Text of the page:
One afternoon a little girl, who had eagerly wished to go, turned back from the Sunday-school door, crying bitterly because they had told her that there was no more room. But a tall, black-haired man met her and noticed her tears and, stopping, asked why it was that she was crying, and she sobbingly replied that it was because they could not let her into the Sunday-school.

The tears only fell the faster, relieving her swelling heart, as she looked up at the heavenly face, and, putting her hand to her necklace, said sobbingly "I can't give them to be burnt. My husband he bought them for me and they are so pretty and Ninna oh, I wish I'd never come!" "Do not ask her for them," said Romola, speaking to the white-robed boys in a tone of mild authority.

The ship had vanished! Thelma needed no explanation, she knew her father's creed she understood all. Breaking loose from Valdemar's grasp, she rushed a few steps forward with arms outstretched on the bitter, snowy air. "Father! father!" she cried aloud and sobbingly. "Wait for me! it is I Thelma! I am coming Father!"

"Good God! The the car's on fire!" he mumbled. "Yes, sir," said the White Linen Nurse. "Why! Didn't you know it, sir?" Headlong the Senior Surgeon pitched over on the grass, his last vestige of self-control stripped from him, horror unspeakable racking him sobbingly from head to toe.

Spruce, who was quite stupefied by the sudden crash of misfortune that had fallen upon the household, that she meant to try and do her best to keep everything going on just as Maryllia would wish it kept, "till till she gets better," she faltered sobbingly "and you will help me, dear Mrs. Spruce, won't you?" Whereupon Mrs.

For answer, through the din of the elements, a voice called brokenly, sobbingly: "Ootah! . . . Ootah!" Ootah leaped to his feet. Out of the snow-driven blackness a frail figure staggered toward him. "Annadoah," Ootah murmured, seizing the trembling woman in his arms. She seemed about to faint. "Why hast thou come hither?" He hugged her fiercely to his bosom.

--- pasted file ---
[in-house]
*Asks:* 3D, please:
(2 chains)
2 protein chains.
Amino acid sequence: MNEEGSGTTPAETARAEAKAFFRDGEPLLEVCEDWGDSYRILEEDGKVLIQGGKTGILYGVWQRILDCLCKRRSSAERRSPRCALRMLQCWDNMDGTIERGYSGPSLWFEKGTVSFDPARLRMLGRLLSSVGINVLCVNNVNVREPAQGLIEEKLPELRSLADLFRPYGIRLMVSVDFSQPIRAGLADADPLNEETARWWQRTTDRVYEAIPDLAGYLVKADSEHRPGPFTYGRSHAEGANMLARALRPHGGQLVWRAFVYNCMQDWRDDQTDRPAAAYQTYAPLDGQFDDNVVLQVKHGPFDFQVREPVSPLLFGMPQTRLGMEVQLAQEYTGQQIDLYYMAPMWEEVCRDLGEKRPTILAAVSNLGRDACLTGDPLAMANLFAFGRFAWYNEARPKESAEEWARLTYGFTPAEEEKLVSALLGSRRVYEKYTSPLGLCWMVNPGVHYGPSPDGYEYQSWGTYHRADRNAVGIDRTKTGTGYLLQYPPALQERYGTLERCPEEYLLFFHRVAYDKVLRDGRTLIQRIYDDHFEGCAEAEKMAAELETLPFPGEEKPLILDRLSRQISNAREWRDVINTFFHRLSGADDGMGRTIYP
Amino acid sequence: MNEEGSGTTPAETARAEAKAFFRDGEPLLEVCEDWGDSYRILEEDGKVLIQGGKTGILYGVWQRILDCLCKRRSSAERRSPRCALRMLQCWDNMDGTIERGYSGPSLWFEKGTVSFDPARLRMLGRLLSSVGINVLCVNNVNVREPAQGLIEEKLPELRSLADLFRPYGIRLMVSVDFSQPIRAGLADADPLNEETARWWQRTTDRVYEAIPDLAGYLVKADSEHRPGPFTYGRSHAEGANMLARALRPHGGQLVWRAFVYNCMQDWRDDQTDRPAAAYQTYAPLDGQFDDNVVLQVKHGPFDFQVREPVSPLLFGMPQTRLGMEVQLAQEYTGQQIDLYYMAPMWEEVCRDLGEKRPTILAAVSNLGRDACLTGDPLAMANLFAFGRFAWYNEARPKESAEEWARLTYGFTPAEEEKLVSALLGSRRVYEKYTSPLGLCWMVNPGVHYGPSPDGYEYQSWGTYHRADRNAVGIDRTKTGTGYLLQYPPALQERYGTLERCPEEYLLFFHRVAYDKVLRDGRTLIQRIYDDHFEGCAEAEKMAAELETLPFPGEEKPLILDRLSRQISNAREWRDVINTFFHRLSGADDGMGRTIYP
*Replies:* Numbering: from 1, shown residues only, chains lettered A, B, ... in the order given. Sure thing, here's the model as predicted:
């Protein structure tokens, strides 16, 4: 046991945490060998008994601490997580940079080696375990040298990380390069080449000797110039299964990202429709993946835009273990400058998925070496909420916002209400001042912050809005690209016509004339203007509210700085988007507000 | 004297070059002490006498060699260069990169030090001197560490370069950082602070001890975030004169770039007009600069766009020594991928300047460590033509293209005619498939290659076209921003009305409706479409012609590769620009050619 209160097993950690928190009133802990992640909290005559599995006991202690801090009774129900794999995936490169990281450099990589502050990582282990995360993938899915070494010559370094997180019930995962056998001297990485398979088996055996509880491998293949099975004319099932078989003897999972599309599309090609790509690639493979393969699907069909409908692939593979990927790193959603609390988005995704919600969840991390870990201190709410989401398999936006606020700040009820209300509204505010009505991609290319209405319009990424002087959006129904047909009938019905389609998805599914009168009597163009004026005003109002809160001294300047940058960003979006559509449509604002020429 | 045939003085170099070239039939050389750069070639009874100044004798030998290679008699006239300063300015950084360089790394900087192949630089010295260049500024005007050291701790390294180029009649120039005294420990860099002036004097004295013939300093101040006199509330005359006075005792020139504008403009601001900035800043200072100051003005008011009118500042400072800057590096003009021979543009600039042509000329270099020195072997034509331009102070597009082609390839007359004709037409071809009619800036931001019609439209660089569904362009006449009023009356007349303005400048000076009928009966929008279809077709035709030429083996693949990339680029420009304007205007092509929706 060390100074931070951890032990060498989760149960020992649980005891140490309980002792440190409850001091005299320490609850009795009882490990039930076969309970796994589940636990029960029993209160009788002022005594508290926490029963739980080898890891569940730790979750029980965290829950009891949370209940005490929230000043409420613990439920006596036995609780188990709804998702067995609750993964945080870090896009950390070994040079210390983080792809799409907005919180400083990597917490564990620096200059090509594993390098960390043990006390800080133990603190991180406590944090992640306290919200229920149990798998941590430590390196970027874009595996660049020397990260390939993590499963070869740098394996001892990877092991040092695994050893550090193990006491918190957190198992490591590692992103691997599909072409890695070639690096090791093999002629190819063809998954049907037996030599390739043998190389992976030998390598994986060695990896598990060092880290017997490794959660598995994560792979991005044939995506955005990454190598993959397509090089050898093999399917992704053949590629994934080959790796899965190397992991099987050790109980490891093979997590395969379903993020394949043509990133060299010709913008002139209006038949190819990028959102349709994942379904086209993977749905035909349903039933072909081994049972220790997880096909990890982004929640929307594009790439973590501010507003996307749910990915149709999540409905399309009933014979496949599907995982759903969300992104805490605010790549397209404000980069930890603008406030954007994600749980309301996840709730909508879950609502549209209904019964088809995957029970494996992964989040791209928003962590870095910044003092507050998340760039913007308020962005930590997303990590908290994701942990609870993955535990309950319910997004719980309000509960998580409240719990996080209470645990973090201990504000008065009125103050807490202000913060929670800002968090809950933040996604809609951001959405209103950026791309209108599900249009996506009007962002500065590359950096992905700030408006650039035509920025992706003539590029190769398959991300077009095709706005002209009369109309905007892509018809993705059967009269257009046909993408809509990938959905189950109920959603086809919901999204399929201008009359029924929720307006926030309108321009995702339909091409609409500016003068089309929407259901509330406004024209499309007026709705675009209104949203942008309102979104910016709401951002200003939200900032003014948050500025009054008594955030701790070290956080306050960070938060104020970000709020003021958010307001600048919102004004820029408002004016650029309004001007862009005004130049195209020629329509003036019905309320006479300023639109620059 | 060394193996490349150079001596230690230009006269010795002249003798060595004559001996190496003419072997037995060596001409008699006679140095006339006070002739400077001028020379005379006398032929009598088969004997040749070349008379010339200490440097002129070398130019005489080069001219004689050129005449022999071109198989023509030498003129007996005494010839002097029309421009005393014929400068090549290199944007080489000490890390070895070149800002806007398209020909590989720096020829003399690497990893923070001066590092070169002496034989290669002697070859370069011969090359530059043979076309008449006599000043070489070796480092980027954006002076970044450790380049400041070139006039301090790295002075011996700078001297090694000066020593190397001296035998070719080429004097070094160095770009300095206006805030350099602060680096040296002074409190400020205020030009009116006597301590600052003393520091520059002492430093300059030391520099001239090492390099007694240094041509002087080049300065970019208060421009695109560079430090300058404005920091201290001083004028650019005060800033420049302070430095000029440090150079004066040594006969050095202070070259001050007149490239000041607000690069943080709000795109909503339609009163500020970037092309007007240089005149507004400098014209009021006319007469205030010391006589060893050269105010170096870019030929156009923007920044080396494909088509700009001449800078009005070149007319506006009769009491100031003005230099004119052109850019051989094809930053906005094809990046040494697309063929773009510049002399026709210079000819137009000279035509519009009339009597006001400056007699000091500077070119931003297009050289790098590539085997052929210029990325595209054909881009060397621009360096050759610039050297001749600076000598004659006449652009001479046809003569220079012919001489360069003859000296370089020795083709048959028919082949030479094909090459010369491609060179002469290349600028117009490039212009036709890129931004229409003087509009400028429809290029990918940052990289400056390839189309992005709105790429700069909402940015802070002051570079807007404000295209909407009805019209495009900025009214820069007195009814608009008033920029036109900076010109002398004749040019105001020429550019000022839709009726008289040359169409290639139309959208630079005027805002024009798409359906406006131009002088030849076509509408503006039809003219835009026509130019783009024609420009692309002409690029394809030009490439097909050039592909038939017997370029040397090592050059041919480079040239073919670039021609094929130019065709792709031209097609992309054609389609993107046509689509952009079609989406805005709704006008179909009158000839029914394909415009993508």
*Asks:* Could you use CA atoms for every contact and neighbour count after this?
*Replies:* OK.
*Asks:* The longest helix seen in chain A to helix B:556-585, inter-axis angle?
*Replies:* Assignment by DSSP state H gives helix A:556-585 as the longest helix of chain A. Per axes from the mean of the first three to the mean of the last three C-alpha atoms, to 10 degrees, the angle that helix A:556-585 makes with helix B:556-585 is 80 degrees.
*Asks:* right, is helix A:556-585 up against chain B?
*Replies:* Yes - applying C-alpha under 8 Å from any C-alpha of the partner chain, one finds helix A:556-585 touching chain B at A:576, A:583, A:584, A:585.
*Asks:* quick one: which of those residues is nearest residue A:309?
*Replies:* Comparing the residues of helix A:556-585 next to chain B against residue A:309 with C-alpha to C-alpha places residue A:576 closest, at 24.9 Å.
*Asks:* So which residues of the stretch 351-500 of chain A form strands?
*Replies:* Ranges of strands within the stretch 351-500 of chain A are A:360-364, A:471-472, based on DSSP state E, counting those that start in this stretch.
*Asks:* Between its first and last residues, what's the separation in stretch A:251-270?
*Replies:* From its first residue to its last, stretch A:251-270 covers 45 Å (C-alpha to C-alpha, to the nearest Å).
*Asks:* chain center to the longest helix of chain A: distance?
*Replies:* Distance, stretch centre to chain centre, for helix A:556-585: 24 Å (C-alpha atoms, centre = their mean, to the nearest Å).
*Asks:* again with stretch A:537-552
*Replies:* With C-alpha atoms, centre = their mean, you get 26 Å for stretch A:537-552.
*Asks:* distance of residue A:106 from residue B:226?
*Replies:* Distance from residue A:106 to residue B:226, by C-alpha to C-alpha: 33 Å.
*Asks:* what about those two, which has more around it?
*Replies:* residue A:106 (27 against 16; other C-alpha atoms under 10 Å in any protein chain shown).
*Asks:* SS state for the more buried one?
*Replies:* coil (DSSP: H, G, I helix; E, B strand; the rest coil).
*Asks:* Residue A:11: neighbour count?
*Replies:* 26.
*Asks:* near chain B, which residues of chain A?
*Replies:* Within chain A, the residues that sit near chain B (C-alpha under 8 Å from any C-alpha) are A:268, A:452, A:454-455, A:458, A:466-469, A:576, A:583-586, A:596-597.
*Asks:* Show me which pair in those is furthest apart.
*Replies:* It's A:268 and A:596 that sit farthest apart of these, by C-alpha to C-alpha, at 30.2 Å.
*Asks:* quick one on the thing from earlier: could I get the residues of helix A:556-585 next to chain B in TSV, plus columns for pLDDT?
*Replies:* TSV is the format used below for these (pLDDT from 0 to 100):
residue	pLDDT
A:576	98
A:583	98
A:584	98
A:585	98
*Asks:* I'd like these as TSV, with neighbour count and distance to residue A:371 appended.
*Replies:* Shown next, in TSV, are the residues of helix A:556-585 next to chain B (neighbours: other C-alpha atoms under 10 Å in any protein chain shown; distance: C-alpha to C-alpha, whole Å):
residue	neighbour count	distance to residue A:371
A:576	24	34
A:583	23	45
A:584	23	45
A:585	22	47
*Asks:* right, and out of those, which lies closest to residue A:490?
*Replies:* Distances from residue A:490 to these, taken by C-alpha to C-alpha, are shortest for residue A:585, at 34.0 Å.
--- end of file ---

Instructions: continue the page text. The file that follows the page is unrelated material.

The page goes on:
"Sing it again," entreated Bennet, huskily.... "Sing it again, will ye?" Tess scarcely heard the words they were so low, so sobbingly spoken. She cleared the tears from her voice, and "Rescue the Perishin'," and "Jesus is kind," echoed once more through the long room. From here and there, suppressed weeping came to the girl's ear; but she did not turn to look at the weepers.

She saw him reach Jeanie and kneel down beside her. There was no hesitation about him. He was evidently deeply concerned. He slipped a persuasive arm about the child's huddled form. When Avery reached them, Jeanie's head in its blue woollen cap was pillowed against him and she was telling him sobbingly of her trouble. "I I caught my foot. I don't know how I did it.

She listened to the echo of his firm footsteps dying away, and creeping guiltily to a side-door she opened it, and watched yearningly his retreating figure till it had disappeared. "Why did I never love him till now?" she murmured sobbingly. "Now, when he despises me when he will not even kiss me?

A low, mourning wind swept through the spruce tops, and from Jan's throat there burst sobbingly words which he had heard beside this same grave more than seventeen years before, when Williams' choking voice had risen in a last prayer for the woman. "May the great God care for Melisse!"